A different form of deceit does not involve direct lies. Instead, one party may neglect to mention something critical.  Lets say that a seller of real property knows that, every times it rains, the water from up the hill comes into the house and floods the living room.   Lets say that the seller knows that he has tried to fix this, but that the problem can not be fixed without very expensive alterations to the property.  Lets say that the seller neglects to mention any of this, when selling the house.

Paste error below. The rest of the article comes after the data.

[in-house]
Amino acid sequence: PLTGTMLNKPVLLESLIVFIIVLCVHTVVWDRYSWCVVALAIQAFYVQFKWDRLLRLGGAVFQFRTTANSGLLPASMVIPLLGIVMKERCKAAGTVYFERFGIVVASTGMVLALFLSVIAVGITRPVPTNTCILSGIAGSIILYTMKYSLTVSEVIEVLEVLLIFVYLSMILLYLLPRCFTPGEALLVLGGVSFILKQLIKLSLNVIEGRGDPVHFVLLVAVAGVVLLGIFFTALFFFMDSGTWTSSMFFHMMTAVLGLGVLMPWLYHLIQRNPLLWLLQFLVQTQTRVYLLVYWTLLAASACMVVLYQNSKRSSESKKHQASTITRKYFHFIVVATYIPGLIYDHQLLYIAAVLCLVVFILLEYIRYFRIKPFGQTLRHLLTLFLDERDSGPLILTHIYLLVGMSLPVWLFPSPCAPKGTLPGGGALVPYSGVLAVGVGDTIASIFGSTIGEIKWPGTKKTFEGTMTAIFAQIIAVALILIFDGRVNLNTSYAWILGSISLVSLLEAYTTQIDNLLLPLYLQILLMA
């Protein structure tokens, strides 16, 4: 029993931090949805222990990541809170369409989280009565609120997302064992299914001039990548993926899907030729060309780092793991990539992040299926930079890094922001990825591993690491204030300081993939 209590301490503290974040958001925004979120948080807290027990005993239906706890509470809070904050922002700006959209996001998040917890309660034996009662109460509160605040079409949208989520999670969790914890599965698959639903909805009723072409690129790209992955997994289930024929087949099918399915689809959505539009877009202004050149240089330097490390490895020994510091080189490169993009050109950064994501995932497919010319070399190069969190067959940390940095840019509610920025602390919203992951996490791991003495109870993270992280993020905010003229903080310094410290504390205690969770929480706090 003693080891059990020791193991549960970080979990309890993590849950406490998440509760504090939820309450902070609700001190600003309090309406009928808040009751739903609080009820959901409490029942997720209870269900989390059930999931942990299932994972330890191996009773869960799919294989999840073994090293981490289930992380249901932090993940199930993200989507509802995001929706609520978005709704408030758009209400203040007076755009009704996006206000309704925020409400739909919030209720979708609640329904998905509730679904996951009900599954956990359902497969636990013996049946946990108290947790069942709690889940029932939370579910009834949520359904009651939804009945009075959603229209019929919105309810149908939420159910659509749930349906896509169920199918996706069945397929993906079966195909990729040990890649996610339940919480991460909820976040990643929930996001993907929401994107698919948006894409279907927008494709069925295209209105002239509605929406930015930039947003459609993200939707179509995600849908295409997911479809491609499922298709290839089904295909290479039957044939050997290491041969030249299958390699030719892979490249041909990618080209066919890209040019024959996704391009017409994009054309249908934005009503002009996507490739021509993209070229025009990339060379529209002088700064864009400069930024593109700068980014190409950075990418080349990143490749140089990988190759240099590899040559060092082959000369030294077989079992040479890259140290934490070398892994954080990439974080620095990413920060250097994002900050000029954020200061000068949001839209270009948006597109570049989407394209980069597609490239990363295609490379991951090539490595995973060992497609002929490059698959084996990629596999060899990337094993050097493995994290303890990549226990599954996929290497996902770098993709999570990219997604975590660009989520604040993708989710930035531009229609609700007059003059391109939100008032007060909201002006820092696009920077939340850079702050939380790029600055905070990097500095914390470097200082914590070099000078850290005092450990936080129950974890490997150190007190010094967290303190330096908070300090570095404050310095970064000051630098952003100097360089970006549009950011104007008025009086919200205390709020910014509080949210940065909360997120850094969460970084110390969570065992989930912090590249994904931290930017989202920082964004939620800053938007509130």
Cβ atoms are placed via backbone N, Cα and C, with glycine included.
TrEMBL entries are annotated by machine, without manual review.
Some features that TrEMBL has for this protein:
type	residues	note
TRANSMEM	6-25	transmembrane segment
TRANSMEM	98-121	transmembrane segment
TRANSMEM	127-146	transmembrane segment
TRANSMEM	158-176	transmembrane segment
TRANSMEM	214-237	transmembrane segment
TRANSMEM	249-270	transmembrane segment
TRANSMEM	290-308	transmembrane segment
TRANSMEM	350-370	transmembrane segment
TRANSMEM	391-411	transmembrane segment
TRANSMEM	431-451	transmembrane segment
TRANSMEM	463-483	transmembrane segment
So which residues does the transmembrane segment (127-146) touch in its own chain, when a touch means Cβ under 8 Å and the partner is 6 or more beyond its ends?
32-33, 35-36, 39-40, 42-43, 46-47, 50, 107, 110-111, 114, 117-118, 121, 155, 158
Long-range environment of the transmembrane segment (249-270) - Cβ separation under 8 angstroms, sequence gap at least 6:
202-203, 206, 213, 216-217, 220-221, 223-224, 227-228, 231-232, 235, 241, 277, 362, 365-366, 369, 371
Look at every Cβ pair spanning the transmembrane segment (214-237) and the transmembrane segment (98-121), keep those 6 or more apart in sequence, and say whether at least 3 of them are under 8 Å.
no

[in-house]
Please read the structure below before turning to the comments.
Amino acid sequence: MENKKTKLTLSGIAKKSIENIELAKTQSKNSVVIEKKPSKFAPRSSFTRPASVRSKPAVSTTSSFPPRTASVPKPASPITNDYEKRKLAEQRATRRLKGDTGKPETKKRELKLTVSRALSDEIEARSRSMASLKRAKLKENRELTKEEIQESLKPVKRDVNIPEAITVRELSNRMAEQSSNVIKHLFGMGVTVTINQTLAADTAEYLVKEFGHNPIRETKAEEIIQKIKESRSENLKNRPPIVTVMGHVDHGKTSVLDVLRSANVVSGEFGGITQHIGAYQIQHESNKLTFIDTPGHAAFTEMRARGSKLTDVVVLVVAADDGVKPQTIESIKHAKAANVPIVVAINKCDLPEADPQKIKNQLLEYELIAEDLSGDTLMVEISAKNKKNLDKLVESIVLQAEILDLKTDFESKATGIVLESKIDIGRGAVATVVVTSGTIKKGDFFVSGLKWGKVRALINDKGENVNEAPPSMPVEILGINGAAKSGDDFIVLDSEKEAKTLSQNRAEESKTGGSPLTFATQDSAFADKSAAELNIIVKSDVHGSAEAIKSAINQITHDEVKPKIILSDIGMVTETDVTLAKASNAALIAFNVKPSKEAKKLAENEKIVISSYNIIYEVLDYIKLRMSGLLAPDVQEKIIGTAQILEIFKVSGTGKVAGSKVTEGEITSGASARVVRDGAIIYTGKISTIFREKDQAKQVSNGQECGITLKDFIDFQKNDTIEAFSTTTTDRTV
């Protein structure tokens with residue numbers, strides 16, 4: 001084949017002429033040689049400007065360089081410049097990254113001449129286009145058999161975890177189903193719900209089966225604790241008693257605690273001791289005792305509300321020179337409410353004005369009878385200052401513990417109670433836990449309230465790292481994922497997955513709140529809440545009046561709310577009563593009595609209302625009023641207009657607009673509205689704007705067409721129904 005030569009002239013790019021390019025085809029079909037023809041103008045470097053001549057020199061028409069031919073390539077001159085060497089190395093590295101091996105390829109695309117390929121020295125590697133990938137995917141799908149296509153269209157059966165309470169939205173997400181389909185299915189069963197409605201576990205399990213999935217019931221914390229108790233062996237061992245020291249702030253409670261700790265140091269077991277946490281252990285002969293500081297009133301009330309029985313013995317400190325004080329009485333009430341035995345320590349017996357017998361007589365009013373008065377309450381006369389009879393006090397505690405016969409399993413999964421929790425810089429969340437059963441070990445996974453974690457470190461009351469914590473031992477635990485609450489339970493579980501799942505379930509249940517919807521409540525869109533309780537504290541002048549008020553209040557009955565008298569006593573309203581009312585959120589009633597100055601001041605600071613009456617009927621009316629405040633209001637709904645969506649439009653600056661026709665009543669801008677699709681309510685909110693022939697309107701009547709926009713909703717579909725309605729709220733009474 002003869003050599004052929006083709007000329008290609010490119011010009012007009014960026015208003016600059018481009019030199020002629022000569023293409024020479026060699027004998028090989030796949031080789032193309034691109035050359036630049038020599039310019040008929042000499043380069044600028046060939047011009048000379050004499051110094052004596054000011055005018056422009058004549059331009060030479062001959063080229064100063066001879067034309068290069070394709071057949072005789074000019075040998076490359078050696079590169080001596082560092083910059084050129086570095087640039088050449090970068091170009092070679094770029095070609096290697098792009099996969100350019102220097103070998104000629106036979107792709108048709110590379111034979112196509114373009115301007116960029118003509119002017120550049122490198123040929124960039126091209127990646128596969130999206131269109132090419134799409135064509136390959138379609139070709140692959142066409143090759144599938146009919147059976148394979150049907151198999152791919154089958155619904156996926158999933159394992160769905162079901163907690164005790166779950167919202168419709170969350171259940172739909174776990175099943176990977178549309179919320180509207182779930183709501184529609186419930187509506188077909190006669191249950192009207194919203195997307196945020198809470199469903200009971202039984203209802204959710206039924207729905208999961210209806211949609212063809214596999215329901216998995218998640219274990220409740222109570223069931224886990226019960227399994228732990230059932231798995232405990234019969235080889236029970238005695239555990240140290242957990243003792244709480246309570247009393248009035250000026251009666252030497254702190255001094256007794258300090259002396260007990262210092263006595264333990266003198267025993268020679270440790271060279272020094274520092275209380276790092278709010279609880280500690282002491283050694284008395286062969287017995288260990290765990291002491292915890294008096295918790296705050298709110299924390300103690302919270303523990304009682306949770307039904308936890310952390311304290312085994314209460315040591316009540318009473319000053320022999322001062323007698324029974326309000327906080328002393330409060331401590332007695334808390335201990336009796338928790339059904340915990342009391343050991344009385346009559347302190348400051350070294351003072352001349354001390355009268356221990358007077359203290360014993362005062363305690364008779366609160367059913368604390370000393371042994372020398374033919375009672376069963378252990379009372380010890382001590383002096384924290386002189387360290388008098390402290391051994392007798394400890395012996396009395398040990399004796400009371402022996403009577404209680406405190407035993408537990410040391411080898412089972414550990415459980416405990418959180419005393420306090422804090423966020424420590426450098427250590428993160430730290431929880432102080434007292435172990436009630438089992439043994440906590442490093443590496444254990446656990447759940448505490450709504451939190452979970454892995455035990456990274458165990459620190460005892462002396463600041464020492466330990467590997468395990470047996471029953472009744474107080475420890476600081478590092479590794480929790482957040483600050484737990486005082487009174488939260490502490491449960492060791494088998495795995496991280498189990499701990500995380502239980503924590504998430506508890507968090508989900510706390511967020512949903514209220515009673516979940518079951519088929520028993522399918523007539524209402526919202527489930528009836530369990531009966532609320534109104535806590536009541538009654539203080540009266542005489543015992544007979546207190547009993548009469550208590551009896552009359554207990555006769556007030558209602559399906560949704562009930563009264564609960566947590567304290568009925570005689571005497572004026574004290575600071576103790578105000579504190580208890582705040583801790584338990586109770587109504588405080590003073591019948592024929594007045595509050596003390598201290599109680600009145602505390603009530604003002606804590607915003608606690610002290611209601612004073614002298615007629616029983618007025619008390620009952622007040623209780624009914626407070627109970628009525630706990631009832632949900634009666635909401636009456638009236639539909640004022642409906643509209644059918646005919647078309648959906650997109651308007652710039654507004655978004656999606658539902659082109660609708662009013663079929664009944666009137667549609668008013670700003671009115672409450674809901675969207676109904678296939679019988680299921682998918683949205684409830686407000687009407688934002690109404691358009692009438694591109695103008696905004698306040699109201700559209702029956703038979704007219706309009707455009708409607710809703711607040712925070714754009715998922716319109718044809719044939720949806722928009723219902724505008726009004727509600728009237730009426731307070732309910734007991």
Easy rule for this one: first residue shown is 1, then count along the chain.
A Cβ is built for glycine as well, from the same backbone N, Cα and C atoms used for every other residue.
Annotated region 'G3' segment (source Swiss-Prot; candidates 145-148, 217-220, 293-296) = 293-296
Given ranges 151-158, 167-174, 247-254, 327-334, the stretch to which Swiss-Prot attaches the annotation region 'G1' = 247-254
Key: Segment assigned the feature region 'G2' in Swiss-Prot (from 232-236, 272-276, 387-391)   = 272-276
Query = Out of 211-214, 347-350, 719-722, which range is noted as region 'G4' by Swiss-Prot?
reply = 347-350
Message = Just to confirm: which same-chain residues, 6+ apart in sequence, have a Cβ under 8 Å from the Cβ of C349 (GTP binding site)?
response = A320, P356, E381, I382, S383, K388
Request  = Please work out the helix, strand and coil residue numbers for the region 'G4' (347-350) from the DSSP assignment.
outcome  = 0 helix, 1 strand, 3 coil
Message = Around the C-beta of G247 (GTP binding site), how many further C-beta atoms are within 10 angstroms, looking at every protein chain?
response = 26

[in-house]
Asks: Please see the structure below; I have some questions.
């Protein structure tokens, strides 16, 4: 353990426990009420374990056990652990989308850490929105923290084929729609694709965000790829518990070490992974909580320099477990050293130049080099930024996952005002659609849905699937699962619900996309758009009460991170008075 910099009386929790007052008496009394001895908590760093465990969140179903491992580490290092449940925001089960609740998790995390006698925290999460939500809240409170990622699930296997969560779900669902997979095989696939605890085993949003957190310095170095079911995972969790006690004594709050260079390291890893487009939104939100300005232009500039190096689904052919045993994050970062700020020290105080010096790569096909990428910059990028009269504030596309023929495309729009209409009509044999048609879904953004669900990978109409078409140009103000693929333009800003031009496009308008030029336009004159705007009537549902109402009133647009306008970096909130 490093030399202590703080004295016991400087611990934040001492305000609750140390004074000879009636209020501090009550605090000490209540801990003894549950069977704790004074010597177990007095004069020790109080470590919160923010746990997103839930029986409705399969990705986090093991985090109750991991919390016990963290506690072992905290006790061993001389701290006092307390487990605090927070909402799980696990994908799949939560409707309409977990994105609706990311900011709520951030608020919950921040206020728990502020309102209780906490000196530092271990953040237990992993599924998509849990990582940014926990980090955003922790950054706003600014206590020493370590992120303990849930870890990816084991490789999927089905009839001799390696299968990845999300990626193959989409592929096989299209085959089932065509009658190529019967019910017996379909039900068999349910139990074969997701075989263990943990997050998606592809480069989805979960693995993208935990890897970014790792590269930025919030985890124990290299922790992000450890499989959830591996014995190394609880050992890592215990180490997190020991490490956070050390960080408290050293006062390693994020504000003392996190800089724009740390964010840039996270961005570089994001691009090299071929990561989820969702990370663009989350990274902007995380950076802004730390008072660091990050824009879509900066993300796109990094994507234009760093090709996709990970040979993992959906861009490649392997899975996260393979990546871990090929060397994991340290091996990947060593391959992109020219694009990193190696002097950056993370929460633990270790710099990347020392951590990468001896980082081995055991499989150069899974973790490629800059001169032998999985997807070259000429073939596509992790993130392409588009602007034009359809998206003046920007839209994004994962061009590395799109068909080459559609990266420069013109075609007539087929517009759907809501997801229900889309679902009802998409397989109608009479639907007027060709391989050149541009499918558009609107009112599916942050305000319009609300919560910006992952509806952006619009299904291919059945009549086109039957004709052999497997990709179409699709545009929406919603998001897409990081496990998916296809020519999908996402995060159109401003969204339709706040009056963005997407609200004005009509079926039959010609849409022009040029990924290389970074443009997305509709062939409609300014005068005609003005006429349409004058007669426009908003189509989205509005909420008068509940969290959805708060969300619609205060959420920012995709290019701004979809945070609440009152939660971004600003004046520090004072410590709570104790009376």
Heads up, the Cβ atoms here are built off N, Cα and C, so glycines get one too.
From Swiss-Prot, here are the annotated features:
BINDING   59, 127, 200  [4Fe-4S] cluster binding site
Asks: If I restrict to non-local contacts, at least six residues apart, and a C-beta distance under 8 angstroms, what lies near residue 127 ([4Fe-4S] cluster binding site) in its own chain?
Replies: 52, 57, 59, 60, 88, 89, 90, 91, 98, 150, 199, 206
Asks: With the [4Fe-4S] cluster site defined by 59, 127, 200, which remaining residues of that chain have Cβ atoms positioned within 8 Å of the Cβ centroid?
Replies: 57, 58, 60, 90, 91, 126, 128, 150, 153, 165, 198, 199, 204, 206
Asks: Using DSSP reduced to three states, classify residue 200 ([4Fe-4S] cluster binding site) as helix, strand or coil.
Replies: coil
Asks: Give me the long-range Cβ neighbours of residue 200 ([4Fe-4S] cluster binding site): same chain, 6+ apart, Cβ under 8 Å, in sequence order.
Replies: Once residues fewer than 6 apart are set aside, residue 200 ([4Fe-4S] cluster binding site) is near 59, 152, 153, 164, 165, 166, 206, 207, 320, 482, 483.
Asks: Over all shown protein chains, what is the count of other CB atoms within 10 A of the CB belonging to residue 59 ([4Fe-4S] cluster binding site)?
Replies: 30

Even though the seller made no false statements, he or she may well be fraud.  Non-disclosure of an important fact can be the basis for a fraud suit in at least three situations.  First, if one party has exclusive knowledge of facts not known to the other party.  Second, when one party actively conceals material facts from the other.  Third, when one party makes some statements about a situation, but does not tell the complete truth.  In a real estate sale, one of these three fact patterns will often be present, if a seller does not disclose facts known to him or her.